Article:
We monitor HAP data on an ongoing basis. I have a report to hand for the Deputy that he will be interested to see. We also monitor other key information relating to the private rental market. I am satisfied that the current HAP rent limits and the flexibility to exceed them in certain circumstances provide local authorities with the capacity necessary to assist households in securing rented accommodation that meets their needs. However, I am grateful to the Deputy for raising his concerns. I hope he will engage further with me and the Department over the coming days.

To that end, I am meeting some of his officials tomorrow on these three issues, in Dublin as far as I know. If there is clarity and flexibility in respect of the issues, it will assist positively. I am not criticising the measures at all. What I am saying is that the homeless HAP and place finder services put in place in Kildare County Council earlier this year were welcome. This was a debate we had just before the summer recess. Anything we can do to prevent people from becoming homeless is welcome. The issue, however, is the timing associated with one's ability to gain access to the upfront rent and deposit. That is the key and the point I wanted to tease out with the Minister.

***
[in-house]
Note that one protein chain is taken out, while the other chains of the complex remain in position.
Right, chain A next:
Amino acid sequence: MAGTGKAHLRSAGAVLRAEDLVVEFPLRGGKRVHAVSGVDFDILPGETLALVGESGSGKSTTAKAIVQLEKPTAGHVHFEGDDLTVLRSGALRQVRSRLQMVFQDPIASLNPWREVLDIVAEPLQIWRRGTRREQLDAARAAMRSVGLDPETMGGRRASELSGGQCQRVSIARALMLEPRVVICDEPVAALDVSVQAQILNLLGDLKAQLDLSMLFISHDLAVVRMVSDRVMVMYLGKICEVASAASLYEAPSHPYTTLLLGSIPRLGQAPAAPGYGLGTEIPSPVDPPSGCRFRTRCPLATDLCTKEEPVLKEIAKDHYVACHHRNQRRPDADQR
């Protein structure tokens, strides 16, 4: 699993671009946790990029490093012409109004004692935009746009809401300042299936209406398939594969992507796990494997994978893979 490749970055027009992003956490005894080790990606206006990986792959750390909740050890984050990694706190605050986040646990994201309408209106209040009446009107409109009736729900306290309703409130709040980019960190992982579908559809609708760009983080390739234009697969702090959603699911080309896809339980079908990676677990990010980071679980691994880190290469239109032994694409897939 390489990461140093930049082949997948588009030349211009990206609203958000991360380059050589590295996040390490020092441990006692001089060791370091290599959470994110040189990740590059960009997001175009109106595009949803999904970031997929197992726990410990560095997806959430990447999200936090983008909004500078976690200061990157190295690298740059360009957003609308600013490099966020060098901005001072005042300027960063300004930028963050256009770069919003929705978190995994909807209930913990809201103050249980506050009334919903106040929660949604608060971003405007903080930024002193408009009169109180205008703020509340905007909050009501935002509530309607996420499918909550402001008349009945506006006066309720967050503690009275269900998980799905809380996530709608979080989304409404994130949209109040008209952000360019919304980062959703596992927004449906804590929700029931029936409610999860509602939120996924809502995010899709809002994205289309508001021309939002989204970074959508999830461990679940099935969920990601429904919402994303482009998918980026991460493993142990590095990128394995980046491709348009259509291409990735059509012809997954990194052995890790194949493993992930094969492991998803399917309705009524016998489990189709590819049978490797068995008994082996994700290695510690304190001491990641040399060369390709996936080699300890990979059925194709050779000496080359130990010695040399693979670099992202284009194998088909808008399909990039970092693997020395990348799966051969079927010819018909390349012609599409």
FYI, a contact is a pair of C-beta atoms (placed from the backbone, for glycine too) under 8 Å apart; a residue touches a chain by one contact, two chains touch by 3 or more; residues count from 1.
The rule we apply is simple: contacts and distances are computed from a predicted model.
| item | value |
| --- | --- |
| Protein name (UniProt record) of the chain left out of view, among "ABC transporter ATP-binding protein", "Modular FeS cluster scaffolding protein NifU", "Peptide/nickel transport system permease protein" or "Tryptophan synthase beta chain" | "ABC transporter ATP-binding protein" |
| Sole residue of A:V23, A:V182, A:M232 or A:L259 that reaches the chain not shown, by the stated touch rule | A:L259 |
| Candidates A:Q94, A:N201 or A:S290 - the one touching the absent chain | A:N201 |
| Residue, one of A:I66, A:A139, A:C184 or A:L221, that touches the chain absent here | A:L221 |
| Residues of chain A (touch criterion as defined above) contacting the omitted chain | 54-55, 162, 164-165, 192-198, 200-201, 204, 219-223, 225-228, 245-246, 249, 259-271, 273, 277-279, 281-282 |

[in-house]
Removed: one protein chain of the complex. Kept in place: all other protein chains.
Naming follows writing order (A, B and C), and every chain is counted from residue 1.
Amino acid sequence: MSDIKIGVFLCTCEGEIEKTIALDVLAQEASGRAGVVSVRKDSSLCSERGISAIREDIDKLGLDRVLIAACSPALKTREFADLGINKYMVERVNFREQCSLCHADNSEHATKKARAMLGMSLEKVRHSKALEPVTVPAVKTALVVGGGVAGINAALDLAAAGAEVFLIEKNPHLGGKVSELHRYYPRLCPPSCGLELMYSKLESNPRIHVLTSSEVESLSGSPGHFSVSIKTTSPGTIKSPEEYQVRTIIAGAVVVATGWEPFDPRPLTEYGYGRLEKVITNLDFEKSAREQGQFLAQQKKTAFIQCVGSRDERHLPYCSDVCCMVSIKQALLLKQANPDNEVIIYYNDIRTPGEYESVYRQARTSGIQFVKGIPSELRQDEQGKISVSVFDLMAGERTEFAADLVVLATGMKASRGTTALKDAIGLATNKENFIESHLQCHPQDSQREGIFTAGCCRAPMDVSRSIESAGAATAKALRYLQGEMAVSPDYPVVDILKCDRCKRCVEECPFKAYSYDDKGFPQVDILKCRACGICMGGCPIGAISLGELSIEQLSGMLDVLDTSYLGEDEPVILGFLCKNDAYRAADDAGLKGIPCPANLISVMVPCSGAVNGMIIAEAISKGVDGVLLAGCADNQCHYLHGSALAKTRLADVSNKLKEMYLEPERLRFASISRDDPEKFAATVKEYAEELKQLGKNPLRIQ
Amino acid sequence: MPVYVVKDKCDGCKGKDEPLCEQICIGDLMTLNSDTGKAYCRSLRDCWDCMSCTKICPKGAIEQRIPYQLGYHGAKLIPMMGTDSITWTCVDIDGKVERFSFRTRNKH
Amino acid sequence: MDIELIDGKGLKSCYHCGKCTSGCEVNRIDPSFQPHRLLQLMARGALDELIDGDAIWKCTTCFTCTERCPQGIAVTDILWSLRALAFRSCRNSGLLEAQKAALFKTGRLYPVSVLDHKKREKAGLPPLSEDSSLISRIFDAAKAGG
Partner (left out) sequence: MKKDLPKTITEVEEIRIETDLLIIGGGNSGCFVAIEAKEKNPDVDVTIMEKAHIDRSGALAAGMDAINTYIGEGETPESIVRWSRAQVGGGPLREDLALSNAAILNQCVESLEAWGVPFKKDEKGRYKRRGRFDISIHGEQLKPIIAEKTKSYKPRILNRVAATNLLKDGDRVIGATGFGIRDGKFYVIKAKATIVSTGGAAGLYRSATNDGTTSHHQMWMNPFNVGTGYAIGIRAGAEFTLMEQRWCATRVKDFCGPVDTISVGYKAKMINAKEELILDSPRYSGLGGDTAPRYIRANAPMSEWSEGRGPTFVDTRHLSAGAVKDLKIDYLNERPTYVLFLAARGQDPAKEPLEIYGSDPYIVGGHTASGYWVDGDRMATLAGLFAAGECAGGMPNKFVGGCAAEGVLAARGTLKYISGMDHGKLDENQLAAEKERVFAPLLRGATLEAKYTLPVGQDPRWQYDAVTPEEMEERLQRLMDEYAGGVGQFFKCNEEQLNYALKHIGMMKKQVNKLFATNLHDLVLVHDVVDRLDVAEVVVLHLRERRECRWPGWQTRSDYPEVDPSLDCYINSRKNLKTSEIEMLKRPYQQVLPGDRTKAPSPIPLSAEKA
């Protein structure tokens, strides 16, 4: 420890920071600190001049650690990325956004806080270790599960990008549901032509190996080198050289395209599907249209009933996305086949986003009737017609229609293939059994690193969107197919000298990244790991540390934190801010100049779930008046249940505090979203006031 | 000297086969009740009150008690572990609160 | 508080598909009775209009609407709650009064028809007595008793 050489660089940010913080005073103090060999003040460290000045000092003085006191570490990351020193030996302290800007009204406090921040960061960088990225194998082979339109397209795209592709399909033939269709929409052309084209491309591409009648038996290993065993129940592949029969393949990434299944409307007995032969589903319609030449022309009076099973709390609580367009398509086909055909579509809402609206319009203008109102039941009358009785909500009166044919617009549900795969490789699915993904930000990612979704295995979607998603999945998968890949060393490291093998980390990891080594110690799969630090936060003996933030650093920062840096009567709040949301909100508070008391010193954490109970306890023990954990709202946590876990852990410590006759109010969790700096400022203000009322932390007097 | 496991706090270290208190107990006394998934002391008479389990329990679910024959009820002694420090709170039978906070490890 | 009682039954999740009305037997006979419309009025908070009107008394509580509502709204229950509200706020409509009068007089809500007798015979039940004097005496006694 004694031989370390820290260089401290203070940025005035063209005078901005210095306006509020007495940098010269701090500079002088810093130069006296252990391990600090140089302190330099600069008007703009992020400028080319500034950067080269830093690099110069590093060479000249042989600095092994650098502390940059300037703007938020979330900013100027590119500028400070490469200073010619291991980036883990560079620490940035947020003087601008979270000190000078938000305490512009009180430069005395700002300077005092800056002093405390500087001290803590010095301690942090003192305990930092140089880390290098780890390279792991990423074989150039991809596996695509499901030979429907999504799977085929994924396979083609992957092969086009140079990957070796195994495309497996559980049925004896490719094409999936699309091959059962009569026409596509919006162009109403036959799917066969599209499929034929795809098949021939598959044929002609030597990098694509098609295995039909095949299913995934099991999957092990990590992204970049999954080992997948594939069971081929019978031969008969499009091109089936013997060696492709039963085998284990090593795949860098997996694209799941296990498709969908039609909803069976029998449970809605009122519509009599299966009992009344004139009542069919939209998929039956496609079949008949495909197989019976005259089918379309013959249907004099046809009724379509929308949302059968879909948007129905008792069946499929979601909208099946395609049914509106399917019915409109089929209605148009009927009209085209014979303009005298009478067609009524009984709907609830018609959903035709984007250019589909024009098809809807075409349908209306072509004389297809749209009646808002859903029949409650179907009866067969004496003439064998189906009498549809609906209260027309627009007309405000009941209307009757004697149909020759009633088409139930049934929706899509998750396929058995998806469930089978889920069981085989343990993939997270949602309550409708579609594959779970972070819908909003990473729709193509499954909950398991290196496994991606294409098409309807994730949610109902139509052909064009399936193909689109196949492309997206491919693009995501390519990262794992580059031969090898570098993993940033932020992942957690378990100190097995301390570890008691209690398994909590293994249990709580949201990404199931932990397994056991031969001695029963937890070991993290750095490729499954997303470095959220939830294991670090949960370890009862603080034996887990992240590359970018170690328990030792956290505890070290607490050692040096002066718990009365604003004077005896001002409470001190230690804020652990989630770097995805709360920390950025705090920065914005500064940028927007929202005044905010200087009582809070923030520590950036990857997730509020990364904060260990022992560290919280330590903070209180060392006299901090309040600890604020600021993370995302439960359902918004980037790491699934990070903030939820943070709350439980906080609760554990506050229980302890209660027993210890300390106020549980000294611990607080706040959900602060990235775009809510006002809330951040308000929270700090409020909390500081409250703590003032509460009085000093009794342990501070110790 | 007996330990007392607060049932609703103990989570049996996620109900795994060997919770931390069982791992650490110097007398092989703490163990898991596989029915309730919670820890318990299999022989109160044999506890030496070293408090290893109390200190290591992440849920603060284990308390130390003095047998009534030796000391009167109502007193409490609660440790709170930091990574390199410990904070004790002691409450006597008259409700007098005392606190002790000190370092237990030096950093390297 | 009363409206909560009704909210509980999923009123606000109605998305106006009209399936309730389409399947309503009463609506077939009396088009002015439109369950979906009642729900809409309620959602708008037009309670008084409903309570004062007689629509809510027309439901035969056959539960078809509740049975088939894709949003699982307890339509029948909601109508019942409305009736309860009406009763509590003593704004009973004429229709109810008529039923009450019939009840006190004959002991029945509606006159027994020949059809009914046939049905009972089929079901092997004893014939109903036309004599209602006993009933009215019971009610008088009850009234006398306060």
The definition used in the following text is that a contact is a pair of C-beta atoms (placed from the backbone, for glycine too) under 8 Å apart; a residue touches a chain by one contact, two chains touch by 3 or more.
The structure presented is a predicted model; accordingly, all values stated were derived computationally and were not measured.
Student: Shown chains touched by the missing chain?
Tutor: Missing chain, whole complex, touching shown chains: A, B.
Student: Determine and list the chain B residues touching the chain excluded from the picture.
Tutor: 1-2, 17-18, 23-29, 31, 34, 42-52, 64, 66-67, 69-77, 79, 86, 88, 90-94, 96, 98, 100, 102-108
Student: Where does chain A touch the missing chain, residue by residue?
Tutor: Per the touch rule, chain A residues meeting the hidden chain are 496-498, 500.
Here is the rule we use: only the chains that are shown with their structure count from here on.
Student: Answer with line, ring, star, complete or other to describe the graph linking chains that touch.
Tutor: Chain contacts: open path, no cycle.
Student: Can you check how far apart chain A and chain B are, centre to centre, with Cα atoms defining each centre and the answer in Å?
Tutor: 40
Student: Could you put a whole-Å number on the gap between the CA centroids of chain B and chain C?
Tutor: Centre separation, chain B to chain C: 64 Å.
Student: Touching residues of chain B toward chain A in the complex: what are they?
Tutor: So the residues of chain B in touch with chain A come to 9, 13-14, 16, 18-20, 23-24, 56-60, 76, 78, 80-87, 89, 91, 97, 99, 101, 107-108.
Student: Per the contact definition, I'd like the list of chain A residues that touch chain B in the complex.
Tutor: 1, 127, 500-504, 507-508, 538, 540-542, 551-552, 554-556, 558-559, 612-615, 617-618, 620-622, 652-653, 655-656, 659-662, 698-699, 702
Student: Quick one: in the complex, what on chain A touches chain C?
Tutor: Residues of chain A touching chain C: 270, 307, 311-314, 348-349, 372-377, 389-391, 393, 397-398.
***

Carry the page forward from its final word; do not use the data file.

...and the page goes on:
Departmental officials and the council are saying one has to be very close to one's eviction date before one can gain access to the upfront deposit and rent. That is contributing to homelessness because one will not get the property the day one goes out looking for it. If one is looking for a property before one can access the fund, one is competing with someone who has the money in his or her back pocket. Therefore, if someone has notice to quit - a statutory document that meets the criteria - he or she is virtually on the home stretch to being homeless unless he or she gets another home. If one has a notice to quit in two or three months, one will have to go into emergency accommodation unless one can find a home. That is costly. We want to avoid that. Therefore, I suggest that tenants should be able to access the payment immediately on getting the notice to quit to help them to get another home between then and being evicted.